Jules Mikhael and his colleagues didn’t set out to make a material with a structure that had never been seen before, much less one that combines order and irregularity in a whole new way, one that Archimedes hinted at 2,000 years ago, one bound together by the Fibonacci sequence. They just wanted to understand a quasicrystal.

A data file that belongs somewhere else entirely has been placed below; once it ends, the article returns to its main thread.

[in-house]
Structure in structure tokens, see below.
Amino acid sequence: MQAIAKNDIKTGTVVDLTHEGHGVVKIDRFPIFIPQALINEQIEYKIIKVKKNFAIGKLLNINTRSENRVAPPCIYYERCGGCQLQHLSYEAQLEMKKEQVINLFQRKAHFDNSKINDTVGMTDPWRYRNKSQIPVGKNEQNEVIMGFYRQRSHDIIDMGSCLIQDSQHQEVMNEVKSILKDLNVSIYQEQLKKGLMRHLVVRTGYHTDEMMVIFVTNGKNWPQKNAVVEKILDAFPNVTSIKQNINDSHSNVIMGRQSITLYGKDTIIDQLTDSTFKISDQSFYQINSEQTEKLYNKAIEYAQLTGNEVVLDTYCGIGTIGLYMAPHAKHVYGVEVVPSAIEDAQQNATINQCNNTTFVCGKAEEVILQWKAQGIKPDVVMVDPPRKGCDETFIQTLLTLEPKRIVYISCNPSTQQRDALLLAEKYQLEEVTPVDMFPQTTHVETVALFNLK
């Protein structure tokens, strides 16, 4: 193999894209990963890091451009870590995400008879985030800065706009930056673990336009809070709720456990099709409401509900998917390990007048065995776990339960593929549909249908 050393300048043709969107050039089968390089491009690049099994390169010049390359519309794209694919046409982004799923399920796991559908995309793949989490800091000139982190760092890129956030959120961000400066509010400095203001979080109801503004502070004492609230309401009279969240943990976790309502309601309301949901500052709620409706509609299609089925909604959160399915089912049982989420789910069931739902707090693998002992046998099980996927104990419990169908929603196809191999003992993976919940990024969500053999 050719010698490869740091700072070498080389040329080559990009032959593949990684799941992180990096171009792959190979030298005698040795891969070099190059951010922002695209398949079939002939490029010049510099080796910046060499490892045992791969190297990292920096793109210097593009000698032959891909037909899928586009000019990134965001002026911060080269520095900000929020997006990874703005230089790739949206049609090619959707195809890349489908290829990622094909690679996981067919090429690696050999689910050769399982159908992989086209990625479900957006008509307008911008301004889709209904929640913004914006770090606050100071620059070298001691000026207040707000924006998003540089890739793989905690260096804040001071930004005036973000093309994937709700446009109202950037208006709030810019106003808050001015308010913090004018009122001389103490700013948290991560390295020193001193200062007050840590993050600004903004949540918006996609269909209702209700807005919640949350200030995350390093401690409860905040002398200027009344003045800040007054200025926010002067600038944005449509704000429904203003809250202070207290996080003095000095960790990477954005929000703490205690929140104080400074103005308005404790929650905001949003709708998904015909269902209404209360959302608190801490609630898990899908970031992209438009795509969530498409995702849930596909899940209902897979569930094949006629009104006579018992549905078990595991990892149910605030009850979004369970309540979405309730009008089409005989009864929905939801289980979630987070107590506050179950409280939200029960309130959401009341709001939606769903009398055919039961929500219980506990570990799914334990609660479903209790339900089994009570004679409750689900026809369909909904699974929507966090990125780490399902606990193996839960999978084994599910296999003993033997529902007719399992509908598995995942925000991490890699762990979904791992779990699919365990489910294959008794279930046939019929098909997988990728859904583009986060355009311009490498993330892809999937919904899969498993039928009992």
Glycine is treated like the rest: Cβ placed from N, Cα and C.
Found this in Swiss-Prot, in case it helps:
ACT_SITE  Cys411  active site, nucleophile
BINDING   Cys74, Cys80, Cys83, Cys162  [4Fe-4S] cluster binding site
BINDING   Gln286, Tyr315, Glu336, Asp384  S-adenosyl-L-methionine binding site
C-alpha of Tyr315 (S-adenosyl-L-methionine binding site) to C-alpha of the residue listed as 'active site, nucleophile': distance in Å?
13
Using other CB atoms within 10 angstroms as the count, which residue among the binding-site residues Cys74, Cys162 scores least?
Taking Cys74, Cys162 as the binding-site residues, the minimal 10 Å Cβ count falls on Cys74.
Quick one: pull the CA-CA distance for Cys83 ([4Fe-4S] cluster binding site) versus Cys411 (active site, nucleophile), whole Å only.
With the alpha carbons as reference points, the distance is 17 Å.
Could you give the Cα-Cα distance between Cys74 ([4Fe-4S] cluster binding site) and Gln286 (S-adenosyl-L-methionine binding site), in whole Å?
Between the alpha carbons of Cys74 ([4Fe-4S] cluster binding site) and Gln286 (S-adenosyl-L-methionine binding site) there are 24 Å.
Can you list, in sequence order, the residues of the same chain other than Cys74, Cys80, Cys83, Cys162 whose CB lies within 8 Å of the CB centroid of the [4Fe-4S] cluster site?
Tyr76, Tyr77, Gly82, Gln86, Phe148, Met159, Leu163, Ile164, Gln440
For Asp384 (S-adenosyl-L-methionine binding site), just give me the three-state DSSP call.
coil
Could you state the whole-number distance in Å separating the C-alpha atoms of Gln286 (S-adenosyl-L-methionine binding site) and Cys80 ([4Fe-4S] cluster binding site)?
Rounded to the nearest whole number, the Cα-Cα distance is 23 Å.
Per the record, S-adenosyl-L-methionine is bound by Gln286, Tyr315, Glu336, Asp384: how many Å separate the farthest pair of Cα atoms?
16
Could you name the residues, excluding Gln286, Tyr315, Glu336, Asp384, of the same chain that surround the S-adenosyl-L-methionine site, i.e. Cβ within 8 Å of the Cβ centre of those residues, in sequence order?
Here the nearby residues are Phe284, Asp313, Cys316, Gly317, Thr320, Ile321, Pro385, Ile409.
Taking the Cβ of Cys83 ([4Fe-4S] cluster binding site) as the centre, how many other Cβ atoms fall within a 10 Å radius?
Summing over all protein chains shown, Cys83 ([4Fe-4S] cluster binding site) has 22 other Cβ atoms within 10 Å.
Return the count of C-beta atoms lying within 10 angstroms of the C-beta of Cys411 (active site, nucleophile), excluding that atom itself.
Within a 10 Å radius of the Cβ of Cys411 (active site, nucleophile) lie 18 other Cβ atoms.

Even that wasn’t such a modest goal, because quasicrystals are pretty odd critters. Slice one in half, and there is a sort of mosaic with repeating shapes like tiles, much like a crystal. But here’s the bizarre part: Spin the resulting mosaic a fifth of a turn and often its tiles will line up exactly as they were before you spun it.
Link thanks to theweaselking.